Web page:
LORD  BYRON  and  his  TIMES
Documents Biography Criticism

Letters and Journals of Lord Byron
Lord Byron to Douglas Kinnaird, 6 February 1822

Life of Byron: to 1806
Life of Byron: 1806
Life of Byron: 1807
Life of Byron: 1808
Life of Byron: 1809
Life of Byron: 1810
Life of Byron: 1811
Life of Byron: 1812
Life of Byron: 1813
Life of Byron: 1814
Life of Byron: 1815
Life of Byron: 1816 (I)
Life of Byron: 1816 (II)
Life of Byron: 1817
Life of Byron: 1818
Life of Byron: 1819
Life of Byron: 1820
Life of Byron: 1821
Life of Byron: 1822
Life of Byron: 1823
Life of Byron: 1824
Creative Commons License

Licensed under a Creative Commons Attribution-Noncommercial-Share Alike 3.0 Unported License.
Produced by CATH
TO ——*
“Pisa, February 6th, 1822.

“‘Try back the deep lane,’ till we find a publisher for ‘the Vision;’ and if none such is to be found, print fifty copies at my expense, distribute them amongst my acquaintance, and you will soon see that the booksellers will publish them, even if we opposed them. That they are now afraid is natural; but I do not see that I ought to give way on that account. I know nothing of Rivington’s ‘Remonstrance’ by the ‘eminent Churchman;’ but I suppose he wants a living. I once heard of a preacher at Kentish Town against ‘Cain.’ The same outcry was raised against Priestley, Hume, Gibbon, Voltaire, and all the men who dared to put tithes to the question.

“I have got S——’s pretended reply, to which I an surprised that you do not allude. What remains to be done is, to call him out. The question is, would he come? for, if he would not, the whole thing would appear ridiculous, if I were to take a long and expensive journey to no purpose.

“You must be my second, and, as such, I wish to consult you.

“I apply to you, as one well versed in the duello, or monomachie. Of course I shall come to England as privately as possible, and leave it (supposing that I was the survivor) in the same manner; having no other object which could bring me to that country except to settle quarrels accumulated during my absence.

“By the last post I transmitted to you a letter upon some Rochdale toll business, from which there are moneys in prospect. My agent says two thousand pounds, but supposing it to be only one, or even one hundred, still they be moneys; and I have lived long enough to have an exceeding respect for the smallest current coin of any realm, or the least sum, which, although I may not want it myself, may do something for others who may need it more than I.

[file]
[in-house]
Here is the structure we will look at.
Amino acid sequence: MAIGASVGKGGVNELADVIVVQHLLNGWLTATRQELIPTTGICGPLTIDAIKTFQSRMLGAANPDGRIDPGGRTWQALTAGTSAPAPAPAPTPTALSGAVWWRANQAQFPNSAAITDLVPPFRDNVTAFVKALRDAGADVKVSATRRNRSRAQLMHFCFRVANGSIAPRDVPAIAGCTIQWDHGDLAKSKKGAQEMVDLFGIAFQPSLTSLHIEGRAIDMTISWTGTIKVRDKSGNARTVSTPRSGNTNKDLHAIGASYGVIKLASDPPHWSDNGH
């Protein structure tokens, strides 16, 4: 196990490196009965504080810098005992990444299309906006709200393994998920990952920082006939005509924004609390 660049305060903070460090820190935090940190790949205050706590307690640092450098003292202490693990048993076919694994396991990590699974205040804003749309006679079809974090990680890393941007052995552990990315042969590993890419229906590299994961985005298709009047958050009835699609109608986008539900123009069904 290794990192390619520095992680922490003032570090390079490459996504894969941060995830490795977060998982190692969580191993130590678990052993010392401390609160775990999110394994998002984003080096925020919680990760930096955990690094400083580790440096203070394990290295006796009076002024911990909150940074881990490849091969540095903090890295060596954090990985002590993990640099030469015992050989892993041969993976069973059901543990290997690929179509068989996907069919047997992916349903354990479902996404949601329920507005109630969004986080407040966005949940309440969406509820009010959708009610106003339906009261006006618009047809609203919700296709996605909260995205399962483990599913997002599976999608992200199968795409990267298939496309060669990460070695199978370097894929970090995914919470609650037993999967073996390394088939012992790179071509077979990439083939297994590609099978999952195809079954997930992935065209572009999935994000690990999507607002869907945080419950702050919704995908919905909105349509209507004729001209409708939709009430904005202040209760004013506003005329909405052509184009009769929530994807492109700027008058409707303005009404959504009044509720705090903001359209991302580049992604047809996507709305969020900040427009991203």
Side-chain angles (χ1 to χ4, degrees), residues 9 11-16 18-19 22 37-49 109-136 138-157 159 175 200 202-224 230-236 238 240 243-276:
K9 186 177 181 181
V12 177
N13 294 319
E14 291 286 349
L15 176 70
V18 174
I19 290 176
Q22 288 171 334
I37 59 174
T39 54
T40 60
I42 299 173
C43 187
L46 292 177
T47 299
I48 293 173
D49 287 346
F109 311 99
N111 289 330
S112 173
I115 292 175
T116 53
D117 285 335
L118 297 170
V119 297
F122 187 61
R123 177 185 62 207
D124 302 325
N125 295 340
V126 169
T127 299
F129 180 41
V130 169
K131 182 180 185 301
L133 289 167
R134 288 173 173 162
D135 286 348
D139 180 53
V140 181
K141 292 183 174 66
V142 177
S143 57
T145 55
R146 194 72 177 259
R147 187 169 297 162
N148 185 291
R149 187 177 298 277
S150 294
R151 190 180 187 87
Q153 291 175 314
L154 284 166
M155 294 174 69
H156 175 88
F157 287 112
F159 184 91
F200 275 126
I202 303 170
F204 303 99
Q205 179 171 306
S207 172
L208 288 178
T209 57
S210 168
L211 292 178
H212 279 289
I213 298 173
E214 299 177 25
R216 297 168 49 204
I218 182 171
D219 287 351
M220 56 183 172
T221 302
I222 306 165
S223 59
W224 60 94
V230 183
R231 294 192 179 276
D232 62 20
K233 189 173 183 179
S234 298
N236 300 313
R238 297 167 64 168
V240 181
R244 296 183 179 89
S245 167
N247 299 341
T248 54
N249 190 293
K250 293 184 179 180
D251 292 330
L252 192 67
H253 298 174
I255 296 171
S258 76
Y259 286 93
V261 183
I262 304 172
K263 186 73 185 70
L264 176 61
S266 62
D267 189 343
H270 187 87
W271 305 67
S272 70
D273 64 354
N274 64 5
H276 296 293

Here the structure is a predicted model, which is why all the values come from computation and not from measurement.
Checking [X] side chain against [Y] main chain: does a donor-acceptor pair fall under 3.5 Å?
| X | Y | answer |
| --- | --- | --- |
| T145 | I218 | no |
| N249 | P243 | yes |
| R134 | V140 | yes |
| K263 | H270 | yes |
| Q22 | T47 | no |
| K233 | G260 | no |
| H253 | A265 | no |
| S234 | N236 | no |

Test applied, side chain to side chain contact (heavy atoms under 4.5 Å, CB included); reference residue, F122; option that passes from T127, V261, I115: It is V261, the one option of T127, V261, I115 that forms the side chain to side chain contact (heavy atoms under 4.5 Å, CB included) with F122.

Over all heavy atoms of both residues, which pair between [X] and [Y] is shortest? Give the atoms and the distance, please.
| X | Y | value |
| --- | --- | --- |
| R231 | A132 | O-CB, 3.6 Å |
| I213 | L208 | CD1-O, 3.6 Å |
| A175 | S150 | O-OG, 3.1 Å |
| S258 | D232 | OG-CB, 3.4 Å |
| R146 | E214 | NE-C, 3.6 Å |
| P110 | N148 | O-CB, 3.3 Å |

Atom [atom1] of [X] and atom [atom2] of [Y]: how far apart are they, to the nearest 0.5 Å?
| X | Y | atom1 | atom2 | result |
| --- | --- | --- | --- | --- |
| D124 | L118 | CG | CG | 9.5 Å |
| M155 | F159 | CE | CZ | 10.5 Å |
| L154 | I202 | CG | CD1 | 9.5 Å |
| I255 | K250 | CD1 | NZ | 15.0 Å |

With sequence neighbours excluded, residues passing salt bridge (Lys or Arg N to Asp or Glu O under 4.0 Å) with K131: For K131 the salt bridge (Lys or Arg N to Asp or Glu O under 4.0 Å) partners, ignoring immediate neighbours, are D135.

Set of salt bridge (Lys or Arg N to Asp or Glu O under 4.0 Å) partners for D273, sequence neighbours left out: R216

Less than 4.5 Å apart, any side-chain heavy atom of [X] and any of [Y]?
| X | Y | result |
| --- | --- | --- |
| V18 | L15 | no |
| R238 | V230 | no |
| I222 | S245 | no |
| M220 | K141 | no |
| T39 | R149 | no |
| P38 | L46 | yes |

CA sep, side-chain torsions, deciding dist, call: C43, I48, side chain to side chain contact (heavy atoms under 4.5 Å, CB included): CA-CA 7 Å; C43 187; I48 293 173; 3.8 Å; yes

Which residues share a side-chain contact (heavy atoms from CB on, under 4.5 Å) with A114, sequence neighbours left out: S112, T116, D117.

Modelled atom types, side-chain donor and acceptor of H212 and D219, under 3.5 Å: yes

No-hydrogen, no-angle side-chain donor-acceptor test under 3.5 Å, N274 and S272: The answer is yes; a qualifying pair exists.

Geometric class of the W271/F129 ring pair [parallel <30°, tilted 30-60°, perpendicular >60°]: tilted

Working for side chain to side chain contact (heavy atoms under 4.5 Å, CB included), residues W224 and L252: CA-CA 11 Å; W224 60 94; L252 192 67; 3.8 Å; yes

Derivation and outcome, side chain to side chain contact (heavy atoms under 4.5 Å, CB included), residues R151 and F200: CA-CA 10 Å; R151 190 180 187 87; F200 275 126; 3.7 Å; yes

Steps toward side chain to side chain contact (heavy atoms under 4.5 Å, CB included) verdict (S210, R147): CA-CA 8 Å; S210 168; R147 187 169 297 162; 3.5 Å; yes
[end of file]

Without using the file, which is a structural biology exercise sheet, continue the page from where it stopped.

* This letter has been already published, with a few others, in a periodical work, and is known to have been addressed to the late Mr. Douglas Kinnaird.

A. D. 1822. LIFE OF LORD BYRON. 573

“They say that ‘Knowledge is Power;’—I used to think so; but I now know that they meant ‘money:’ and when Socrates declared, ‘that all he knew was, that he knew nothing,’ he merely intended to declare, that he had not a drachm in the Athenian world.

“The circulars are arrived, and circulating like the vortices (or vortex’s) of Descartes. Still I have a due care of the needful, and keep a look out ahead, as my notions upon the score of moneys coincide with yours, and with all men’s who have lived to see that every guinea is a philosopher’s-stone, or at least his touch-stone. You will doubt me the less, when I pronounce my firm belief, that Cash is Virtue.

“I cannot reproach myself with much expenditure: my only extra expense (and it is more than I have spent upon myself) being a loan of two hundred and fifty pounds to ——; and fifty pounds’ worth of furniture, which I have bought for him; and a boat which I am building for myself at Genoa, which will cost about a hundred pounds more.

“But to return. I am determined to have all the moneys I can, whether by my own funds, or succession, or lawsuit, or MSS. or any lawful means whatever.

“I will pay (though with the sincerest reluctance) my remaining creditors, and every man of law, by instalments from the award of the arbitrators.

“I recommend to you the notice in Mr. Hanson’s letter, on the demand of moneys for the Rochdale tolls.

“Above all, I recommend my interests to your honourable worship.

“Recollect, too, that I expect some moneys for the various MSS., (no matter what); and, in short, ‘Rem, quocunque modo, Rem!’—the noble feeling of cupidity grows upon us with our years.

“Yours ever, &c.”